Tax increases would spell gloom for SA retail stocks

Consumer spending power in Africa’s most-industrialised market is under severe strain.
Image: Waldo Swiegers / Bloomberg

Johannesburg’s retail stocks will likely bear the brunt of tax increases, should South African Finance Minister Tito Mboweni target consumers with revenue-raising measures in his budget Wednesday.

Consumer spending power in Africa’s most-industrialised market is under severe strain, with confidence at a two-year low against a backdrop of a 30% unemployment rate and an economy that hasn’t achieved a 2% annual growth rate since 2013. Economists see an outside chance that Mboweni will increase the valued-added tax rate, with such a move predicted by five out of 19 surveyed by Bloomberg.

The blow from a higher VAT rate would be felt more by clothing retailers than by food stores as consumers adjust, said Henre Herselman, a derivatives trader at Anchor Private Clients.

Increasing taxes could further reduce consumer spending and perpetuate the economic malaise, said Sandy McGregor, a money manager at Allan Gray. Raising the VAT rate is politically unpalatable, while increasing personal tax rates may accelerate emigration.

The market hasn’t priced in a VAT increase and a decision to do that could see retailers take a knock, said Investec Wealth & Investment Chief Investment Strategist Chris Holdsworth.

Higher taxes would translate to lower disposable income, which would filter through to stocks, said Casparus Treurnicht, a money manager at Gryphon Asset Management. If this happens, “expect depressed valuation levels for longer.”

Read more here about South Africa’s budget

More broadly, investors will be looking to Mboweni for signs of a plan to rein in debt and stave off the loss of South Africa’s last investment-grade credit rating in a review by Moody’s Investors Service due next month. Bailouts for power utility Eskom and other state-owned companies, plus a wage bill that accounts for 35% of spending have contributed to pressure on government finances.

“The key objective of this budget should be to table a plausible plan to manage the wage bill and interim funding for Eskom,” McGregor said by email.

For Investec’s Holdsworth, the primary concern for investors is the outlook for debt as a ratio of gross domestic product. He cited Treasury projections showing debt surging to 81% of GDP in the 2028 fiscal year unless urgent action is taken. “The first thing that investors want to see is that peak, and they want to see where it is going to start coming down.”

Here are more views from investors on what they would like to hear from Mboweni:

Holdsworth:

  • Increased spending on infrastructure, which is necessary to spark growth
  • Greater allocation to the South African Revenue Service, to enable it to tackle tax issues
  • Higher funding for the National Prosecuting Authority

Treurnicht:

  • The state payroll is bloated and any indications to concretely deal with this would be beneficial
  • It would be positive if state employees’ compensation was linked to productivity
  • No more free bailouts to state-owned enterprises
  • No increase to VAT

McGregor:

Herselman:

  • Allocating funds to alternative methods of energy production would definitely be cheered
  • Additional funding to non-key state-owned enterprises needs to stop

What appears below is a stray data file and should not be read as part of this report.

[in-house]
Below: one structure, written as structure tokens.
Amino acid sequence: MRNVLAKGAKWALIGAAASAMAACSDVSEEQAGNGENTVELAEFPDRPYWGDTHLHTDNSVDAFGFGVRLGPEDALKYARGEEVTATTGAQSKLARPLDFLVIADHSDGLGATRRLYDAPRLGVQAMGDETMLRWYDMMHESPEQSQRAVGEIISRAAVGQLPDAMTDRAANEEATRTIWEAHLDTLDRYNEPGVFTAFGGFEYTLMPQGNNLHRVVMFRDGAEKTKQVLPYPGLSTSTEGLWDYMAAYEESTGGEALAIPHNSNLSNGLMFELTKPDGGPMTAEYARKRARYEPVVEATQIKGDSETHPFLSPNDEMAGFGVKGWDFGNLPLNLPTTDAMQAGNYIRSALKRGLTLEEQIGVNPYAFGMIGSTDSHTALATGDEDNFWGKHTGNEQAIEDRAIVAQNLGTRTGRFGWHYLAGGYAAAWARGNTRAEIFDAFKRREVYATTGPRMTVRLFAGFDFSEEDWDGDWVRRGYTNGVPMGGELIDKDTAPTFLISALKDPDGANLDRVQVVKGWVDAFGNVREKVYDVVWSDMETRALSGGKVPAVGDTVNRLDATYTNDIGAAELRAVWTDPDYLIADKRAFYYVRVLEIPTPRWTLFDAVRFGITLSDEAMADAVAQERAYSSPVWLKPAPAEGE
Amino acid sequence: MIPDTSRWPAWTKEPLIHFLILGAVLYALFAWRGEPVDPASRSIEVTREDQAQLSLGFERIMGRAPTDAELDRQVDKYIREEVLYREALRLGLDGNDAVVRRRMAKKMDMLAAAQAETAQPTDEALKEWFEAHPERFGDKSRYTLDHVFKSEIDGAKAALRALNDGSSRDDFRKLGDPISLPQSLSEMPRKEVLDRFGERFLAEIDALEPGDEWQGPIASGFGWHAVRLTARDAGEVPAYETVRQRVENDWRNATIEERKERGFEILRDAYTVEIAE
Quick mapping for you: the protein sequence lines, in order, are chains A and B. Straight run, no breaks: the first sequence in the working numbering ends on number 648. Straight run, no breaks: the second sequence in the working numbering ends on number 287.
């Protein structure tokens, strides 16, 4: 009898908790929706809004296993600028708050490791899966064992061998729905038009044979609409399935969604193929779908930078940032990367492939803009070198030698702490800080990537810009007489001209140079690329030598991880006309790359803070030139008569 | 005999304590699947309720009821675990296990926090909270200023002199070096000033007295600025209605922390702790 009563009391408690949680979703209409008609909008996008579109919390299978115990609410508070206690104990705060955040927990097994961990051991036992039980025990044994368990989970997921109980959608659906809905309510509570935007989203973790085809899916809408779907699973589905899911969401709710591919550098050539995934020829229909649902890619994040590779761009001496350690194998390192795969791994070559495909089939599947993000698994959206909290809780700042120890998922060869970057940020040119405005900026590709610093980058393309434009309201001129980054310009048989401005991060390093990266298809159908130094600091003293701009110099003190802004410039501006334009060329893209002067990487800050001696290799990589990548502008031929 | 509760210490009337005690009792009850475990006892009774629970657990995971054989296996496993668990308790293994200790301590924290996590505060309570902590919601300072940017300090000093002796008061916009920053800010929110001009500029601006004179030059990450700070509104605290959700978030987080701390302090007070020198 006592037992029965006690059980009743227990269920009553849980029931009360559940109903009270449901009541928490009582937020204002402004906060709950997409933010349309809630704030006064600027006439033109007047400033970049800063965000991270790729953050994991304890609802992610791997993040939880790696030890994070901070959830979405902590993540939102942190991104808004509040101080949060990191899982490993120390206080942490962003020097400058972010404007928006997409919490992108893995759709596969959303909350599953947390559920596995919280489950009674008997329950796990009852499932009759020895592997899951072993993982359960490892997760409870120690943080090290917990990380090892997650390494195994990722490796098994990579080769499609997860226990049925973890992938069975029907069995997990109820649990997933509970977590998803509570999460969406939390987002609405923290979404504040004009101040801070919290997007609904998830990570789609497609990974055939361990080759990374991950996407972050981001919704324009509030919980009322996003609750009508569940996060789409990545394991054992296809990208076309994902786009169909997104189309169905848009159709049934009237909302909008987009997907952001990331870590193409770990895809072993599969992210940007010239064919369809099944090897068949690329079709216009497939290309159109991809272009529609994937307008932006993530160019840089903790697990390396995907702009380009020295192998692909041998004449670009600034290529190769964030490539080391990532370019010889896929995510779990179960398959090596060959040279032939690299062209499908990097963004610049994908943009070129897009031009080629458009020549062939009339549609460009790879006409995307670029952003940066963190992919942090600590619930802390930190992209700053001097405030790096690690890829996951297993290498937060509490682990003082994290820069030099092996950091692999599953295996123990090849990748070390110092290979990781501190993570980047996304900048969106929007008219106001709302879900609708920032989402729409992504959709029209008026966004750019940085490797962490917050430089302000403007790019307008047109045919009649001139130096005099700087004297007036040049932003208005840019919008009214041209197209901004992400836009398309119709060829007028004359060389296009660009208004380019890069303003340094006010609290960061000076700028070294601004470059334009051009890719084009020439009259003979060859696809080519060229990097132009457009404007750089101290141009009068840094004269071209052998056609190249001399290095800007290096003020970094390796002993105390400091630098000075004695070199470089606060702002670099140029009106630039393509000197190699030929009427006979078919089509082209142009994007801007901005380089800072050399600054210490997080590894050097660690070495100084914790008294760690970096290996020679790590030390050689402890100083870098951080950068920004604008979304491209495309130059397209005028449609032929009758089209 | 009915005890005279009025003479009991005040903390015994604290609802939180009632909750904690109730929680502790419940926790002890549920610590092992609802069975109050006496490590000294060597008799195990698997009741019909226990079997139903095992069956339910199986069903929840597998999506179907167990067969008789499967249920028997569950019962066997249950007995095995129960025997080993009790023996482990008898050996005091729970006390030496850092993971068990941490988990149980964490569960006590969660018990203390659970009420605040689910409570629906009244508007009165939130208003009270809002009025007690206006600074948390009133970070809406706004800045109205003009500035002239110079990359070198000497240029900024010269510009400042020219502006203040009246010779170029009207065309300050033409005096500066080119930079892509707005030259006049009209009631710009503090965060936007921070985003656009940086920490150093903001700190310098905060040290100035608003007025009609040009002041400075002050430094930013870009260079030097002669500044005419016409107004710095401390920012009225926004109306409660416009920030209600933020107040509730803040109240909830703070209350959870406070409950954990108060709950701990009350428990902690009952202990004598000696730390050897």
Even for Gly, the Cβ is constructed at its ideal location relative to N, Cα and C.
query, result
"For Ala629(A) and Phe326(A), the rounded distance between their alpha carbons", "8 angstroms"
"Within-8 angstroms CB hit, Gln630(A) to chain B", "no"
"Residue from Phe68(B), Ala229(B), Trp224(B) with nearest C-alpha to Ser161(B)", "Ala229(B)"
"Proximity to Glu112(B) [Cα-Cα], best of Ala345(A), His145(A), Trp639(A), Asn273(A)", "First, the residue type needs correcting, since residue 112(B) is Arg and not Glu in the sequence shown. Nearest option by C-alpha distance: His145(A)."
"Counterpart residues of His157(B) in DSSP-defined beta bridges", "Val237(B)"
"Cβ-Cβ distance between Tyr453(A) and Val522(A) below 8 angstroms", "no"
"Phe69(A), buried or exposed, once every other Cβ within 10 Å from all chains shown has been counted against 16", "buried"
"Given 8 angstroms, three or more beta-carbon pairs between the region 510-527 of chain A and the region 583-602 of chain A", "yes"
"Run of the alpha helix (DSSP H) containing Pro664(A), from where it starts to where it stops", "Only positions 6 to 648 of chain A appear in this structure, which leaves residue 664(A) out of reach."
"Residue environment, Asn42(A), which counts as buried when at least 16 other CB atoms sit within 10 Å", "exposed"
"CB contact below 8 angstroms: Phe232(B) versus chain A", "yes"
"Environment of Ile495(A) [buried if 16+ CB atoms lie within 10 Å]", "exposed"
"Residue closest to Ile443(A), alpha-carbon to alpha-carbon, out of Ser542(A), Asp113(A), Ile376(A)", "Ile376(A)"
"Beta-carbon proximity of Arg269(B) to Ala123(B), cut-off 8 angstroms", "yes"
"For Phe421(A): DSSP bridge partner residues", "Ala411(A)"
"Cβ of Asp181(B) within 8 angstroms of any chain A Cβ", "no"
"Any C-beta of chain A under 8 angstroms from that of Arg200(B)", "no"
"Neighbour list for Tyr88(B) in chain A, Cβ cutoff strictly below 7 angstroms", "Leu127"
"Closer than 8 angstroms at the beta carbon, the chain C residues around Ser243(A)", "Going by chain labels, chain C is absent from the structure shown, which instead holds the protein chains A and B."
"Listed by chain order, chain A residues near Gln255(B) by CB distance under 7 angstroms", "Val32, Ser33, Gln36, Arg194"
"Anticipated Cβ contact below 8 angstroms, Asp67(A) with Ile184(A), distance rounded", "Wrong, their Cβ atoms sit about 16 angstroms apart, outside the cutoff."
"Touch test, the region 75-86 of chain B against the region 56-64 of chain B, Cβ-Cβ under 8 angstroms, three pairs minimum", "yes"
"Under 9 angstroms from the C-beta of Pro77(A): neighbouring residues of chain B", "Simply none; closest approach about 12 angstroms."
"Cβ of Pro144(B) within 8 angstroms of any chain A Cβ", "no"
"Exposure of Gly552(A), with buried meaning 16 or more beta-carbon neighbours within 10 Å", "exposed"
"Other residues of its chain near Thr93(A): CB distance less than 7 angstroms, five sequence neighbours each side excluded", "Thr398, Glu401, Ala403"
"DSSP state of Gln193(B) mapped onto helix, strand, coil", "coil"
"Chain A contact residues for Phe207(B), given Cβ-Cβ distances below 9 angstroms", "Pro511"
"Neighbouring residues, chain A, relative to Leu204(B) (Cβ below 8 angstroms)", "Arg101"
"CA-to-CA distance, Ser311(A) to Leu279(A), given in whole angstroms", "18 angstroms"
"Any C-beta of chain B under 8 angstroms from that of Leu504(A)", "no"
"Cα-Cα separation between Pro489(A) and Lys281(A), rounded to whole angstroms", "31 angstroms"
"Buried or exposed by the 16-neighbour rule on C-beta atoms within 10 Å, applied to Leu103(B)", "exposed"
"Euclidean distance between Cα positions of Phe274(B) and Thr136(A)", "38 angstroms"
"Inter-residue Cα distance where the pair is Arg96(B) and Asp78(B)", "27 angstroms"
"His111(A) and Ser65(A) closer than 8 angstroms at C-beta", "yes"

• Focus on reducing the government wage bill and expenditure

Adrian Cloete, PSG Wealth:

  • Plans for a legal framework to make sure South Africa is well-placed to attract investment
  • A government focus on cutting expenses and end to the wasteful expenditure seen over the past 10 years

© 2020 Bloomberg

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….vat in crease will hurt ..those hurting from this washed out economy

I dubt we will see a reduction in the weight gain of President Cyril busta-girth or Tito

Looking at the share prices of the retail shares they have already factored in a tax hike of some description as well as the corona virus impact on Chinese production

Bottom line-we are going broke. The coronavirus isnt helpful, Eskom is ill as are many SOEs, Juju and Mshloshe dont have to go to Court where Hlope is wrestling Goliath(and Motata is on Pension counting his millions) and the ANCs many thieves have stolen the place bust. Education, NHI, EWC, SAPs all failing

Anyone who can afford to leave this unhappycountry should-if you have money or skills flee the failed state.

1. Salary decrease of 15% for all government, provincial and municipal employees earning over R 750k per annum.

2. Fire 80% of SAPS and SANDF generals-they do nothing the entire day.

3. Close SAA by liquidation.

4. Sell off all excess military equipment-we do not need fighters or submarines. reduce the SANDF to 20%( but keep those that work)

5. Privatise the best division of Eskom and reduce the debt

6. Sack Mantashe, Ace, Patel, etc.

7. Clean up the captured judiciary and NPA

8. Cancel NHI, BEE and EWC immediately

9. Reduce PArliament by 35% -we do not need 400 MPs who sleep, pick noses etc.

10. Distribute the Zulu Kings land ASAP

11. No work permits required if your job pays taxable income of R750k+

Yep.but this will only happen in a dream

More crime on the horizon, unfortunately.

Raising taxes won’t ever fix the problems we face. Government needs to implement difficult structural reforms reducing expenditure, including reducing the bloated public sector. More business and energy friendly policies must be implemented. If the necessary action isn’t taken quickly, South Africa’s future looks very gim. We will soon be the next Zimbabwe and Venezuela.

End of comments.

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